Finding the Right Path for Plantar Fasciitis

It seems doctors have a name for everything—including a foot condition that results in morning heel pain. If you experience a sharp, stabbing pain under your heel or arch with you first steps after you get out of bed, you likely have what we call plantar fasciitis. The condition is a problem with the long, fan-shaped ligament band (fascia) that connects your heel bone to each of your toes.

Why Your Heel Hurts

Inflammation is an immediate response to irritation of this tissue, but that just happens at the beginning to fight off infection and start the healing process in the tissue. Long term problems usually occur because of degeneration in the plantar tissue (either a breakdown of some of the fibers or small tears in the ligament). These are often the result of increased physical stress on the feet, such as starting a new running program, beginning a job that requires much walking or standing, or even gaining a lot of weight.

Pain under your heel isn’t always plantar fasciitis.  It could also result from a thinning fat pad under the calcaneus, a stone bruise, a stress fracture, or other issues. The best way to determine what treatment is needed is to figure out exactly what is causing the discomfort in your heel, and that will probably mean a visit to our office.

However, if the pain is worst with your first steps of the day or after you have sat for a period of time, the indications are good that you have a problem with the plantar fascia. The tissue begins to repair itself while you are at rest, and then putting your weight on it damages it again.

Treating Plantar Heel Pain

The good news is that many times this pain is treatable with conservative methods, even if your x-ray shows a bone spur. These calcium deposits form at the point where the fascia attaches to the heel bone and may look scary on the x-ray, but we normally don’t need to do surgery to remove them.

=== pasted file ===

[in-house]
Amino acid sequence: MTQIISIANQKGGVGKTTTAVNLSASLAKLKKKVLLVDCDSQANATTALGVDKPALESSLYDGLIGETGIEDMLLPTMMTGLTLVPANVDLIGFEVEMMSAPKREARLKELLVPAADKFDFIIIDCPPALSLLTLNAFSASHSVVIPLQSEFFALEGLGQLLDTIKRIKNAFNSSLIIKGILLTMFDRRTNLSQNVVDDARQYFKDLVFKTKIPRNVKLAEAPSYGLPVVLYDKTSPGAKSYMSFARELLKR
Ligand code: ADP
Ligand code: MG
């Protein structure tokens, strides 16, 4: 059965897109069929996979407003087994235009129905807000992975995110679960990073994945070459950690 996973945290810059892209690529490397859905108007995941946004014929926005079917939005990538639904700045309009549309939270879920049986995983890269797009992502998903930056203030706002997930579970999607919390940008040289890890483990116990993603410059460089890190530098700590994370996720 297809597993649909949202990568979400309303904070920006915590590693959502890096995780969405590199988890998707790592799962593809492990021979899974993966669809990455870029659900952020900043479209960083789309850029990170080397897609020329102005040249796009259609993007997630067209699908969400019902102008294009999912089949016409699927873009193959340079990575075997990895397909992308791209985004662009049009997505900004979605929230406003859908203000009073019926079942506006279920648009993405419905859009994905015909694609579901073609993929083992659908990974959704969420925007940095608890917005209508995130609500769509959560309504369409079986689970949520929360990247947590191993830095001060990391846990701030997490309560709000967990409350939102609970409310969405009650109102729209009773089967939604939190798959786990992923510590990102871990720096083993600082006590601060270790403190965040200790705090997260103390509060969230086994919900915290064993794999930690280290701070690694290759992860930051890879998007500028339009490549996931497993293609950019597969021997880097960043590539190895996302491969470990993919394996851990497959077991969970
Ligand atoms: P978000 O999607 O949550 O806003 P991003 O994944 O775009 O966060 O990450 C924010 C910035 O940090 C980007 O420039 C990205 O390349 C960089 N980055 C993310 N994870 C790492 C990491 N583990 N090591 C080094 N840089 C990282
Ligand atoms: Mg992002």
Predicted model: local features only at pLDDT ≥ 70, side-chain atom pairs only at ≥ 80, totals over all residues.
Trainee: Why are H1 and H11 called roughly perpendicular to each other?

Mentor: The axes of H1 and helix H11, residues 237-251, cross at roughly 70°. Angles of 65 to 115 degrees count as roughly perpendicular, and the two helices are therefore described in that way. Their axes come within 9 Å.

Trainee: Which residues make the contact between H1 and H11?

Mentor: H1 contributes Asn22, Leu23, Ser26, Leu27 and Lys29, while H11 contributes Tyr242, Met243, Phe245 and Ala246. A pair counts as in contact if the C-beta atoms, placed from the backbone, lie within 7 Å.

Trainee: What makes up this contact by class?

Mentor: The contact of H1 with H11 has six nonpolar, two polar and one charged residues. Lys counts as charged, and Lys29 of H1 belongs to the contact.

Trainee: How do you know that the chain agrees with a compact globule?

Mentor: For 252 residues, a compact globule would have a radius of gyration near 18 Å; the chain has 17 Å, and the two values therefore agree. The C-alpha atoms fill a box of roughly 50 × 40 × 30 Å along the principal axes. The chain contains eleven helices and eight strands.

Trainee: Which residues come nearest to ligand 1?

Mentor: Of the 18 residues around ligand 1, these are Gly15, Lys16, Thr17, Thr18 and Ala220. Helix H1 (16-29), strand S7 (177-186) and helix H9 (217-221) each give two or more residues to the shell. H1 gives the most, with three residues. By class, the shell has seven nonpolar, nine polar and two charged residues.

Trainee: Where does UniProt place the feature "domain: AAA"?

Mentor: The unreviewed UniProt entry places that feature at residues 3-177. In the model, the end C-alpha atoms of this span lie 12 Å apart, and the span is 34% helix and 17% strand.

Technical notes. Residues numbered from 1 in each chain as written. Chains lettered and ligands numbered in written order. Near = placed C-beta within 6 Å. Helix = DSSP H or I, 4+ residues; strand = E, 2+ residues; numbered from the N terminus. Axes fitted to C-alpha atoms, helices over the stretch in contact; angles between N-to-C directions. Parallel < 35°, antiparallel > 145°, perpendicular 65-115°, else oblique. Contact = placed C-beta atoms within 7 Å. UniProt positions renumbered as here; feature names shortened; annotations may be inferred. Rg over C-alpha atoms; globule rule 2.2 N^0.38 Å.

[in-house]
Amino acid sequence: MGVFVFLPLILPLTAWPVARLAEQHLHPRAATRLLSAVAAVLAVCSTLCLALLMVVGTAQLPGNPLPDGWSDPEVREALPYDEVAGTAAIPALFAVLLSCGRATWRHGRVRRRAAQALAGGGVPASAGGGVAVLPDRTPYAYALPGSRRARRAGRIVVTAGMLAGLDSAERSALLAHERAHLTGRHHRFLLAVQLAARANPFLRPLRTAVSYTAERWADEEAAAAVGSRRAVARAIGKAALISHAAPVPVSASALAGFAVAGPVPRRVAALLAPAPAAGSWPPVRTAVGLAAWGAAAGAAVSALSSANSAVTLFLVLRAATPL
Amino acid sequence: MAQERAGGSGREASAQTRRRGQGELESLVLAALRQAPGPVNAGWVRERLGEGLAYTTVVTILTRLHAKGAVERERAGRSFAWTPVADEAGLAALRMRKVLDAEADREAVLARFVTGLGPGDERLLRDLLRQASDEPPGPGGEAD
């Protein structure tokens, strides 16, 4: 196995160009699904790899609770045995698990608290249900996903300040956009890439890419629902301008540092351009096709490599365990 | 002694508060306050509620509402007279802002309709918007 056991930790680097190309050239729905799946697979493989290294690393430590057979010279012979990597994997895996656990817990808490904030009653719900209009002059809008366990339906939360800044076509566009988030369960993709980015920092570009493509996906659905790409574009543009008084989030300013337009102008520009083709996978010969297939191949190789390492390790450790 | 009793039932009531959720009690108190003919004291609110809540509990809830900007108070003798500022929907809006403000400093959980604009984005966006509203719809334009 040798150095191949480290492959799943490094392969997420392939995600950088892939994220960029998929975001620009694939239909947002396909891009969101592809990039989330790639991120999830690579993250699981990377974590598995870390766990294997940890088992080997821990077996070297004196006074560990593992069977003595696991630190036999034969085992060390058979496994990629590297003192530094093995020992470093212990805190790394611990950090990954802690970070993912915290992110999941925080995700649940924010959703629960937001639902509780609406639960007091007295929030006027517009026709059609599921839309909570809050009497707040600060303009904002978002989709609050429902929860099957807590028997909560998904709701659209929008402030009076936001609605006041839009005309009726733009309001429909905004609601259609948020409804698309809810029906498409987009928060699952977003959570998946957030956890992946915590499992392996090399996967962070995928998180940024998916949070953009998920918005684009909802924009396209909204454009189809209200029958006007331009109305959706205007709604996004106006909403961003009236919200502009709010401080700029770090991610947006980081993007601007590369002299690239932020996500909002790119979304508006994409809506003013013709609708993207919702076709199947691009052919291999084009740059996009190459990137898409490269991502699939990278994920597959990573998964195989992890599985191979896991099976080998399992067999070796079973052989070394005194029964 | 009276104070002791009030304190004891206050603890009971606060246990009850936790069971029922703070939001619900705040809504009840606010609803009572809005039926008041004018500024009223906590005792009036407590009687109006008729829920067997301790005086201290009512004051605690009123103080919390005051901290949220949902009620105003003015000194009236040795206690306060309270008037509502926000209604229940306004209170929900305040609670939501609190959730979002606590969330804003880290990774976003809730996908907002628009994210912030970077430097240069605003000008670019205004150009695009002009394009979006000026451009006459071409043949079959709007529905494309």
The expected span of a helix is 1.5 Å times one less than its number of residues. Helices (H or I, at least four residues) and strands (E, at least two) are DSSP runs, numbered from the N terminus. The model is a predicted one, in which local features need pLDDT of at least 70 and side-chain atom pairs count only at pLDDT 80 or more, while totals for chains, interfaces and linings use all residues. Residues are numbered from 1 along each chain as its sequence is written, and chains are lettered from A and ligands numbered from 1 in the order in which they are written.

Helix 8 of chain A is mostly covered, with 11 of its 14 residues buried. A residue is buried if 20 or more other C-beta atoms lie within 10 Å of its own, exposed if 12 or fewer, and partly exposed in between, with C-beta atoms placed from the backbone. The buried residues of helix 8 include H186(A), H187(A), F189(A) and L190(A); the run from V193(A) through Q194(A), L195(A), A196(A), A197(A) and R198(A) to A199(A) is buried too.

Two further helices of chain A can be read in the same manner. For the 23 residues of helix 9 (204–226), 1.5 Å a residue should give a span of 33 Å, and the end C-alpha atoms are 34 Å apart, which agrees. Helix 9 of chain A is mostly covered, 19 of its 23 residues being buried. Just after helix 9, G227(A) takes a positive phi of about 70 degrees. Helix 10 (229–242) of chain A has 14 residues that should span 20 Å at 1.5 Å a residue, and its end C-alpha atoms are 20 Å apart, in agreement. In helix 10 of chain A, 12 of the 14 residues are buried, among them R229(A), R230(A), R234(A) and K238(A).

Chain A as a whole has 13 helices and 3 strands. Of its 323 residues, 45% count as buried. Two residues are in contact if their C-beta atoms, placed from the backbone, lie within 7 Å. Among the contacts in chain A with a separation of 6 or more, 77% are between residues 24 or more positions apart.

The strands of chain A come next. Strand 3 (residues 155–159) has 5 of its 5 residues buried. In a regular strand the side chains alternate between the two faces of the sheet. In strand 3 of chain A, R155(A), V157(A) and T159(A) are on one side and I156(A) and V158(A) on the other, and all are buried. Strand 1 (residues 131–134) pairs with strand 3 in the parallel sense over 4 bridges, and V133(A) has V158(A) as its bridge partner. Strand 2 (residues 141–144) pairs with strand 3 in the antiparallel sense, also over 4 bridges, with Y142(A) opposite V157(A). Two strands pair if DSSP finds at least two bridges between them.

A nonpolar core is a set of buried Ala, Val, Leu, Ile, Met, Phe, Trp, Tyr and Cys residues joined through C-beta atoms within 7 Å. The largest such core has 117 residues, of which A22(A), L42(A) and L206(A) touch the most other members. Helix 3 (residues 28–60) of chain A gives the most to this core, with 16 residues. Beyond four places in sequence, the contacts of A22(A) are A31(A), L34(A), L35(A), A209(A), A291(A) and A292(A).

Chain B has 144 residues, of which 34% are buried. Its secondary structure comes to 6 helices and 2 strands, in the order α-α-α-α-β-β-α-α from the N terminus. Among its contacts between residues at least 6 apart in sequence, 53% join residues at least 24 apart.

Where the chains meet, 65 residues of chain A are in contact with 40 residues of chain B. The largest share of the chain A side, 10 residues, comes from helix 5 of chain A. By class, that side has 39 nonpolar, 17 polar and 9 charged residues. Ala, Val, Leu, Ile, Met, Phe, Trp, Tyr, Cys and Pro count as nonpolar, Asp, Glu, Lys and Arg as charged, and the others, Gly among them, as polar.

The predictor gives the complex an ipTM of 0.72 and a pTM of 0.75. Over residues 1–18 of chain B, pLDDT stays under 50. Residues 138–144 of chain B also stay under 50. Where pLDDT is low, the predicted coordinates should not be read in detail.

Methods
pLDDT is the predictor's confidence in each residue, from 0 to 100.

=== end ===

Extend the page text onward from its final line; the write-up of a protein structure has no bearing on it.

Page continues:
We often start with treatment options such as resting from certain activity, finding more supportive shoes, and starting a stretching regimen. (Stretching your calf muscles, Achilles tendon, and fascia before getting out of bed in the morning can sometimes relieve the worst of the pain—we’ll show you how.)

For chronic cases where the pain stays around a while, custom orthotics are often successful. These shoe inserts are medical devices that we customize to your feet, to help rebalance the pressure and support the arch. In this way, the plantar fascia is not stretched beyond what it can bear and is able to heal again. Usually these nonsurgical treatments along with oral or injected pain relievers make it possible for you to function normally. If not, surgery is always a final option, but it is rarely needed.

Treating Your Feet Right in the South Bay

When you need help for your painful feet, contact Far West Podiatric Medical Group in Hawthorne, CA by calling (310) 675-0900 or filling out our contact form to request an appointment. Our staff of podiatrists are also highly trained surgeons, so no matter what treatment you need for your problem plantar fascia, we can provide it.

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